Adult flea from goose nest in Kongsfjord


Flea larva
Flea juvenile

The fleas known from Svalbard are parasitic on the birds, the seabirds such as kittiwakes, glaucous gulls and the common eider, but also and the barnacle geese. Flea larvae In general though the birds on Svalbard have few invertebrate parasites compared to bird populations further south. Flea larva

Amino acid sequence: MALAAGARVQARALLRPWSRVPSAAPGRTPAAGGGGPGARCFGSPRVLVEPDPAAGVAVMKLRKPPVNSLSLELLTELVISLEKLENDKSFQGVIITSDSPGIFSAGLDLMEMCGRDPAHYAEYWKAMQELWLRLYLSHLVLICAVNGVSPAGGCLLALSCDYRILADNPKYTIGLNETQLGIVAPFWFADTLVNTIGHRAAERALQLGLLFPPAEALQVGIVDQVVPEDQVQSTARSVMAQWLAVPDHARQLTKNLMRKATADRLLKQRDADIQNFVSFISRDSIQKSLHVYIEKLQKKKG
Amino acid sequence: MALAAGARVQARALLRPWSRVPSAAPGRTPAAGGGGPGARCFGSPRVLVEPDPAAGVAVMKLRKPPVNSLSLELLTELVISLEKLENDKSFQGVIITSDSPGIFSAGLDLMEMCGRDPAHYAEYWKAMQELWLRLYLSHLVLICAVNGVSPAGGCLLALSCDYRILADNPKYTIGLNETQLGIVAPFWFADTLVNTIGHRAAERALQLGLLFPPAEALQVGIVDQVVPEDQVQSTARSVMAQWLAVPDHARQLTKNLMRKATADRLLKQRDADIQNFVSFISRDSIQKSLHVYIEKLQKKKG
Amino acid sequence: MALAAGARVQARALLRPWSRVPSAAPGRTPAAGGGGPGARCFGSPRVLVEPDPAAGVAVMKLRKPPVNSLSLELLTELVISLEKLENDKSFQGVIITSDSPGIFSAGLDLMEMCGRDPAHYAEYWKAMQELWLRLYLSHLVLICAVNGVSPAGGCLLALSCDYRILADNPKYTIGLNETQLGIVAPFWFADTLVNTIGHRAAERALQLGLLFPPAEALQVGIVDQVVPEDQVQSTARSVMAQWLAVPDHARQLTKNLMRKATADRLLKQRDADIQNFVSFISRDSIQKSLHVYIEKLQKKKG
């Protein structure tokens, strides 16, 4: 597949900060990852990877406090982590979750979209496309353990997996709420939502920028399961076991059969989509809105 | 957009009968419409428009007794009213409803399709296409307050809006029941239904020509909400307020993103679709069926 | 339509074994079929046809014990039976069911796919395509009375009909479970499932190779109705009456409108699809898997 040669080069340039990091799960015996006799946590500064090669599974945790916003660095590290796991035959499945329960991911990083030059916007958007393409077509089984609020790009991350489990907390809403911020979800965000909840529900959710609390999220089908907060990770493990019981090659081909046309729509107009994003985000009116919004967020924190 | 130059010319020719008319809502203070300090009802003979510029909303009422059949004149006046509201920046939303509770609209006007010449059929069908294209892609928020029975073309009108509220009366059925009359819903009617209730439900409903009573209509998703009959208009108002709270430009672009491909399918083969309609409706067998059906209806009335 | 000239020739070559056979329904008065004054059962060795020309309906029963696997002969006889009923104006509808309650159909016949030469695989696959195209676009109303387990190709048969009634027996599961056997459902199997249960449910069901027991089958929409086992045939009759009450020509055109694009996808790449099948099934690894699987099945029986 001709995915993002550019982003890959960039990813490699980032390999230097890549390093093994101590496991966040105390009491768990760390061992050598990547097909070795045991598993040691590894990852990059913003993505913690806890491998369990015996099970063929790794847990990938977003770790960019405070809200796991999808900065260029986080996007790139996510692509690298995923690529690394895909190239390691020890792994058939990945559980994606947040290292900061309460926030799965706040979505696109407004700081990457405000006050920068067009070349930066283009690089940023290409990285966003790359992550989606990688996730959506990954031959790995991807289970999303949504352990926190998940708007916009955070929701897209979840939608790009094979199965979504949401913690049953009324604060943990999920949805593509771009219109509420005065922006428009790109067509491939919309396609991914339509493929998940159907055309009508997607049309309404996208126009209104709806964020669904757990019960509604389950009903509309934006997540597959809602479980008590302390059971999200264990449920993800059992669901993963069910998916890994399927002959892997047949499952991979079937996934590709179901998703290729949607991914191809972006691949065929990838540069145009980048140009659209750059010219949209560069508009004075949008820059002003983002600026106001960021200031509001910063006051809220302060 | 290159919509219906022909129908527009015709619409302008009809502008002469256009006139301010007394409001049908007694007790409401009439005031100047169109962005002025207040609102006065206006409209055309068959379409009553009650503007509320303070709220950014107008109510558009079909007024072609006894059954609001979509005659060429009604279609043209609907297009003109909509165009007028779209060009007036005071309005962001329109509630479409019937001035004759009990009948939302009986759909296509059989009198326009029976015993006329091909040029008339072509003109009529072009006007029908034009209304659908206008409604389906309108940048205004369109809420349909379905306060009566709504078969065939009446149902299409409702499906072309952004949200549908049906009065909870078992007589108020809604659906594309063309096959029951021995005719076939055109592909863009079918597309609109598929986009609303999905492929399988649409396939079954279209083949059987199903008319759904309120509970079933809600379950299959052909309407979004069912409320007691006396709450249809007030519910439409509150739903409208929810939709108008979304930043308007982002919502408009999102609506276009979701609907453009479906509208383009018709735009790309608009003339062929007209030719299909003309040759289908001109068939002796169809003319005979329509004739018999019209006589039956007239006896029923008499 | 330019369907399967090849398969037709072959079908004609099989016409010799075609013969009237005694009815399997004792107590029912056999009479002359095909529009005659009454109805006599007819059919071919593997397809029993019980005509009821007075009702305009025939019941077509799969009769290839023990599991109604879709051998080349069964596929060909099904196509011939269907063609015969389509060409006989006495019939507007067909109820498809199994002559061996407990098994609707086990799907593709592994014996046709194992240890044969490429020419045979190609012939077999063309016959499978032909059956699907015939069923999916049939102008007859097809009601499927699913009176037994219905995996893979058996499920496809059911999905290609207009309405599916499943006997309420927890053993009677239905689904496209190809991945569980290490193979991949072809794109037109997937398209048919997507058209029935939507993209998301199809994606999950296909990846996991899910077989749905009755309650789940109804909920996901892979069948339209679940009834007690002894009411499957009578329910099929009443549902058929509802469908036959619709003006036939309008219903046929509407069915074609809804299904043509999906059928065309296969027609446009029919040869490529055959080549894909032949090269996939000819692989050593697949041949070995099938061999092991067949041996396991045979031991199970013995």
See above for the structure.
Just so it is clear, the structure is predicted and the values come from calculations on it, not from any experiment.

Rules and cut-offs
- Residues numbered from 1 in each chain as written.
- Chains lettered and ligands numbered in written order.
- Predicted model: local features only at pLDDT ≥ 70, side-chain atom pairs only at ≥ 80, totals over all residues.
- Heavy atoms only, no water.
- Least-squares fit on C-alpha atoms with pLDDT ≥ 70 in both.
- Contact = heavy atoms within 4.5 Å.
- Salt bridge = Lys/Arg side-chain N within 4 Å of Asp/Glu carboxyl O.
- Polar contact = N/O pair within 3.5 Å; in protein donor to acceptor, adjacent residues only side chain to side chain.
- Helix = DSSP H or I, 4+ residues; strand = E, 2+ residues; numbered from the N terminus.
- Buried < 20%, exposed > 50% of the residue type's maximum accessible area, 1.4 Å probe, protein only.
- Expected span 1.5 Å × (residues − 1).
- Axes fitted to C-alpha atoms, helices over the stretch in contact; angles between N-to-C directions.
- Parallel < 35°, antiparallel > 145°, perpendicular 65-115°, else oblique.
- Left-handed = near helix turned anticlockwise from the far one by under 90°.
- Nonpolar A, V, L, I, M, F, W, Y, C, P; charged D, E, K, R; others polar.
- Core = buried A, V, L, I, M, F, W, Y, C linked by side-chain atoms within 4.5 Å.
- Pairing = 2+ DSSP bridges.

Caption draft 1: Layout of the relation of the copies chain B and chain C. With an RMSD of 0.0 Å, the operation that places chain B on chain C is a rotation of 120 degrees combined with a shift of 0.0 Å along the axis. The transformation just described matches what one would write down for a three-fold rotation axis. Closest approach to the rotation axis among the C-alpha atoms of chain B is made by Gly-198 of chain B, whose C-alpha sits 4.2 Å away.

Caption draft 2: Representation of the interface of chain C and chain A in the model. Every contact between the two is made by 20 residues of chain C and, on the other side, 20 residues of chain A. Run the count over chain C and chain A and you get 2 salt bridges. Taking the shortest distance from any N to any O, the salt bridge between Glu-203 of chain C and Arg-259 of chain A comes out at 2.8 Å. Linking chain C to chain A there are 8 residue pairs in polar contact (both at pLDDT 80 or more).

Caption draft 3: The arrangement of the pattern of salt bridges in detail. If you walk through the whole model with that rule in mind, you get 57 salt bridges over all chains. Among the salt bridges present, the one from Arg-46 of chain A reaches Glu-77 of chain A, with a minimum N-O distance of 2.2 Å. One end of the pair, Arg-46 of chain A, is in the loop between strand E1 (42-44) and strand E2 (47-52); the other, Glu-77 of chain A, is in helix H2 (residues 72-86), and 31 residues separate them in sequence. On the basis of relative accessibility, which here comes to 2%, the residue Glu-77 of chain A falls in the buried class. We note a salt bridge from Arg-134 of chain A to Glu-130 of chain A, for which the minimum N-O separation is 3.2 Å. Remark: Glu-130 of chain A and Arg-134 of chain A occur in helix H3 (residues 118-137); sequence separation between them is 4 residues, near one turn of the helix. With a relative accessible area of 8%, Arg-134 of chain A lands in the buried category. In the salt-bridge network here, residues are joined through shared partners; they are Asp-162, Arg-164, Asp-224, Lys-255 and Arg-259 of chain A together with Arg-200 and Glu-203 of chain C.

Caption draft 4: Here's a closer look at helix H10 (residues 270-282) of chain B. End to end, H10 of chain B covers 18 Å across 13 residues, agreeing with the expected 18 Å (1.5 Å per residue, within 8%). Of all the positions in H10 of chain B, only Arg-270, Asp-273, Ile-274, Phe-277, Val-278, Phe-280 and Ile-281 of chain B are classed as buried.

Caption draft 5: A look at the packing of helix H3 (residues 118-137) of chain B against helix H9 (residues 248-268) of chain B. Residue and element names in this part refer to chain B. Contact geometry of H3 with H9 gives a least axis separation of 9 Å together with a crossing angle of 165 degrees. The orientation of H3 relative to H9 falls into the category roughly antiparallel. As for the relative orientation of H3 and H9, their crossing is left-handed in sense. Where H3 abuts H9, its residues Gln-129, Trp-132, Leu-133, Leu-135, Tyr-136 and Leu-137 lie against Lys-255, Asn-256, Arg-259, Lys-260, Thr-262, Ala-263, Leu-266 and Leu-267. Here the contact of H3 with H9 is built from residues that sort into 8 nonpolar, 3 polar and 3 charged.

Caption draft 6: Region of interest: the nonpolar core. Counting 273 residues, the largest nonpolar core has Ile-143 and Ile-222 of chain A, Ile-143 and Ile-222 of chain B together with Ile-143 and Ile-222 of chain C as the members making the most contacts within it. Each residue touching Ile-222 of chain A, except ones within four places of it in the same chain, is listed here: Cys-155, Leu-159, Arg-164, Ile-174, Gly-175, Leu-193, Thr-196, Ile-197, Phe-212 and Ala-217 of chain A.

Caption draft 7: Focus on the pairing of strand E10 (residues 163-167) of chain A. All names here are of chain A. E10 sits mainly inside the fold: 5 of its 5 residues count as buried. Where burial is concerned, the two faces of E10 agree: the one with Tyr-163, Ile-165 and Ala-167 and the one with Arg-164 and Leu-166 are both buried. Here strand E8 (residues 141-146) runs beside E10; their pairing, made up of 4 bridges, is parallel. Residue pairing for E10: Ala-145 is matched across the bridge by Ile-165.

Flies (Diptera) As is common in the Arctic the flies, Diptera, form the most numerous insects. Perhaps the most noticeable being the non-biting chironomids numerous in the summer. These spend most of their lives as larvae before pupating and emerging as adults. Since the adults do not feed they have a short period as an adult. To conserve energy the males often wait on the ground until they hear a female fly past, responding to the sound of her wings. This behaviour was deduced by a Finnish biologist who observed that he could induce the males to take to the air by humming a Finnish folk tune. Left; chironomid (non-biting midge) larvae. These larvae are common in freshwaters or organic soils on Svalbard, especially if the soils are moist. Right; chironomid pupae. Left <i>Chironomus lugrubris</i>, right <i>Trichocera</i> sp. <i>Heleomyza borealis</i> Close up of the wing of a fly The mosquito in Svalbard, <i>Ochlerotatus (Aedes) nigripes<i> There are also mosquitoes on Svalbard. These can be extremely numerous, especially in Adventdalen, around Brucebyen and Kapp Thordsen. The species is irritating but not thought to spread disease on Svalbard. The commonly repeated story that the mosquito was accidentally imported to Svalbard by phosphate miners is, unfortunately, likely to be incorrect (See Box in Where do they come from?). Left, Spyflue <i>Protophormia terraenovae</I> on a house in Longyearbyen. Right, With the correct bait this spyflue can be caught in large numbers !  Baited Malaise trap behind UNIS. July 2009. Spyfluer <i>Cynomia mortuorum</I> Top left, the dungfly <i>Scatophaga</I> sp. proudly atop polar bear dung. Top right. Dungfly eggs, the white spots, on reindeer dung. Left <i>Coelopa frigida</i> Left <i>Copromyza stercoraria</i>, right <i>Scatophaga furcata</i>